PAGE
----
Could I Still Have Gluten Sensitivity Without Intestinal Problems?

by Candi
(New Hampshire)

About six months ago, I started having problems with my muscles--weakness, burning, aching, etc. It got so bad that all I could do is lie on my sofa all day and in my bed at night. I had been working out at the gym on an elliptical machine for an hour every day and had to stop because my muscles couldn't handle it anymore. I had done that for years.

After a few months, my symptoms just disappeared on their own, but they came back a few months later with less severity (no burning and I am able to walk around more than before). But, I still had achey muscles and little endurance. During that time, I had many blood tests. I had my electrolyte levels, Vitamin D levels, iron levels, etc. checked. Everything was fine. I have never had digestive problems and don't now.

BUT--because my mother is sensitive to gluten (gives her a bad cough), I decided to eliminate gluten from my diet. Four weeks later and I feel a lot better. My muscles don't ache anywhere near as much as before and I'm sleeping better and have a lot more energy during the day.

Here is my question: How is it that I could have problems with my muscles related to gluten and not have any problems with my digestion? I would think that there would be some indication of malabsorption in some of my blood tests. Or is that incorrect thinking? Can you explain how gluten can affect muscles without any signs of malabsorption? Or is malabsorption not always diagnosed via blood tests?

I'm not ready to say that gluten is the cause of my muscle problems yet because my symptoms went away before and I wasn't living without gluten then. I also am afraid that eliminating it for too long can make me sensitive to gluten if I really wasn't before. I guess that's my second question. Is it possible to make oneself sensitive to gluten by eliminating it for a long period of time?

Thank you!


Comments for Could I Still Have Gluten Sensitivity Without Intestinal Problems?

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You are overthinking this...
by: Kerri Knox, RN- The Immune Queen!

Hi Candi,

It seems like you are overthinking this problem. First of all, you have proof in your own family that gluten doesn't have to cause digestive problems for gluten to be a problem. Your mom gets a bad cough when she eats it, so she avoids it. She probably doesn't need 'proof of malabsorption' from a doctor does she?

Next, a 'classic' condition that a dermatologist will diagnose Celiac Disease without any further testing required is a skin condition called Dermatitis Herpetiformis. It's a unique rash and a doctor will need no 'evidence of malabsorption' or any digestive complaints whatsoever to give a diagnosis of full blown Celiac.

And that is only the start. Gluten is INFLAMMATORY in all people all of the time. The only difference is the degree of inflammation that it triggers in you and how you react to it. You get fatigue and muscle aches, some people get a nasty skin, others get Lupus and others get digestive complaints. The fact that such a high number of people DON'T get digestive complaints and the fact that that is what doctors look for, means that it takes, on average, 10 years for someone to get a diagnosis of Celiac Disease. Those without Celiac Disease and who have Non Celiac Gluten Intolerance will likely never get diagnosed because there IS NO test for it!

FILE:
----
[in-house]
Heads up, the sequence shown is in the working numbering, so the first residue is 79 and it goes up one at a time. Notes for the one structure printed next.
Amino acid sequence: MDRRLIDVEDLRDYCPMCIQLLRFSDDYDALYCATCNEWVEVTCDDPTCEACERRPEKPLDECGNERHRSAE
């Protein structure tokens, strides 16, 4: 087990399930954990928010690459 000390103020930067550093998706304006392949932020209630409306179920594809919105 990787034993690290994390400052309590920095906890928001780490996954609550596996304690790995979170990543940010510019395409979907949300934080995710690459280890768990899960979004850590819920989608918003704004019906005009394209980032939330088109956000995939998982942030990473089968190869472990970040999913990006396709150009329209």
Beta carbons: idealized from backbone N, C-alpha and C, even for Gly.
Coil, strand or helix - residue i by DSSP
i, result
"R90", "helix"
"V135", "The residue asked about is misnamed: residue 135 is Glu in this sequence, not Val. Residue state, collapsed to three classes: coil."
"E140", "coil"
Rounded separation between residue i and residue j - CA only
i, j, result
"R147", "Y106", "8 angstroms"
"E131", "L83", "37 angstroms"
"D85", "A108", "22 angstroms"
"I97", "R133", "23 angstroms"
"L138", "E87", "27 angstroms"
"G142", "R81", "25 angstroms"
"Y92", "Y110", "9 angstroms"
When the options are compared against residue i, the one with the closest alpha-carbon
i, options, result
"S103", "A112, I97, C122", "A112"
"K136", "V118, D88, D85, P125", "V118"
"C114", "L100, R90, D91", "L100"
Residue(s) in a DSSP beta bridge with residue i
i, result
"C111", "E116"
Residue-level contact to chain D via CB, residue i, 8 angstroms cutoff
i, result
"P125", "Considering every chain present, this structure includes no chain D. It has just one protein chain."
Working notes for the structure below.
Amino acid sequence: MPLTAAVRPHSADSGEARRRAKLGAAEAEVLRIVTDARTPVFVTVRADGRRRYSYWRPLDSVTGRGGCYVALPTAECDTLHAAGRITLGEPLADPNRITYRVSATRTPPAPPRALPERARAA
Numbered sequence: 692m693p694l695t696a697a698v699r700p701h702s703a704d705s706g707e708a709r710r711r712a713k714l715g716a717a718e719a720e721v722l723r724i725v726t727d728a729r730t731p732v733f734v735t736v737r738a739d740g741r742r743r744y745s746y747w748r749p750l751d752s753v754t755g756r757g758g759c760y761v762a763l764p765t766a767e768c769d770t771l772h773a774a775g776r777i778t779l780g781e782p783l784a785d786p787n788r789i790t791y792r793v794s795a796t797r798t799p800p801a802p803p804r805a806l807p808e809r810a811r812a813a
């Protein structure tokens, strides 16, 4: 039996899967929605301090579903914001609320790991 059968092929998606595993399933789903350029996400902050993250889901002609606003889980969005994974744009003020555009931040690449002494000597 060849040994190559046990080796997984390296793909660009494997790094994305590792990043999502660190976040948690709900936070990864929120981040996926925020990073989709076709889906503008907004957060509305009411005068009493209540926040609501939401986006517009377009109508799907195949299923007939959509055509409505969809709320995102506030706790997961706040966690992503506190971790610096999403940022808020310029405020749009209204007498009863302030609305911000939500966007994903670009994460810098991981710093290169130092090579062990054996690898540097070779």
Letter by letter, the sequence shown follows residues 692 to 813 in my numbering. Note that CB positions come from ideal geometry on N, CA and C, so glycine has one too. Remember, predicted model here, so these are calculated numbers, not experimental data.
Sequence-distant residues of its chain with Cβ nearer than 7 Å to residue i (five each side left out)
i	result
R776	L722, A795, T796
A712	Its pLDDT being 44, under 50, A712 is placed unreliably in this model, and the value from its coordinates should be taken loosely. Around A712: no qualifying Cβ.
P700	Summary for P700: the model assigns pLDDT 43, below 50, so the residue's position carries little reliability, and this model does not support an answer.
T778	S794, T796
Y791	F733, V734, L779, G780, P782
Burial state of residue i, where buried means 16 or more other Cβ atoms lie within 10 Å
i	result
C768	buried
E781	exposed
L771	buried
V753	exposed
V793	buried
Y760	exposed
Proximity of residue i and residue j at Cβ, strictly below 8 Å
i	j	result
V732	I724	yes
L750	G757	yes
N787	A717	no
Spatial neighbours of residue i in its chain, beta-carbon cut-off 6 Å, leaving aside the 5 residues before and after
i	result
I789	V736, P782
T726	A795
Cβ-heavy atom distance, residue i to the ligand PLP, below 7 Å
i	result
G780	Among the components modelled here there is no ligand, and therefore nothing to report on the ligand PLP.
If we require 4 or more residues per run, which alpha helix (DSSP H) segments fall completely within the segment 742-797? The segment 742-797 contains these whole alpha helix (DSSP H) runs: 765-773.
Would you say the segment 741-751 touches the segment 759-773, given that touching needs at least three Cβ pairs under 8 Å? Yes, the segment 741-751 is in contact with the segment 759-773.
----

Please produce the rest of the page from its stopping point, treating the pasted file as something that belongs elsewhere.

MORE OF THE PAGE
Next, you do NOT become sensitive to gluten because you avoid it any more than you become sensitive to cigarette smoke because you avoid it. Gluten is BAD for you and if you have a reaction after you've been off of it for a while, it's because your body is reacting as it SHOULD react to gluten. For instance, if you were a smoker and you've stopped coughing when you smoke would you continue to smoke because you know that if you stop that when you start again, you'll begin coughing? Of course not, that's because you know that coughing is the NORMAL reaction and not-coughing is an abnormal reaction from the cells in your trachea designed to protect you becoming so damaged that they don't react any more.

It's the same way with gluten. If you react to gluten after you've been off of it for a while, it's because you ALWAYS react- you've just damaged your immune system so bad when you are eating gluten that it can't react any more.

So, you can keep looking for answers, but why when you've already found it. Gluten is almost completely found only in processed foods that are bad for you and you have no good reason to eat anyway. So, why the hesitation? Stop eating gluten and be healthy...

Kerri Knox RN Immune Health Queen

Kerri Knox, RN- The Immune System Queen
Functional Medicine Practitioner
Immune System
Side Effects

Thank you!
by: Candi

Thank you for your reply. My mom actually does have digestive problems sometimes, but she wasn't sure if the gluten is cause of them last time I talked to her. Funny thing is, i just got an email from her today saying that she accidentally ate some regular pasta and she had awful pains in her stomach. So, I guess she does get affected by gluten that way.

Thank you for all your help. I appreciate it!

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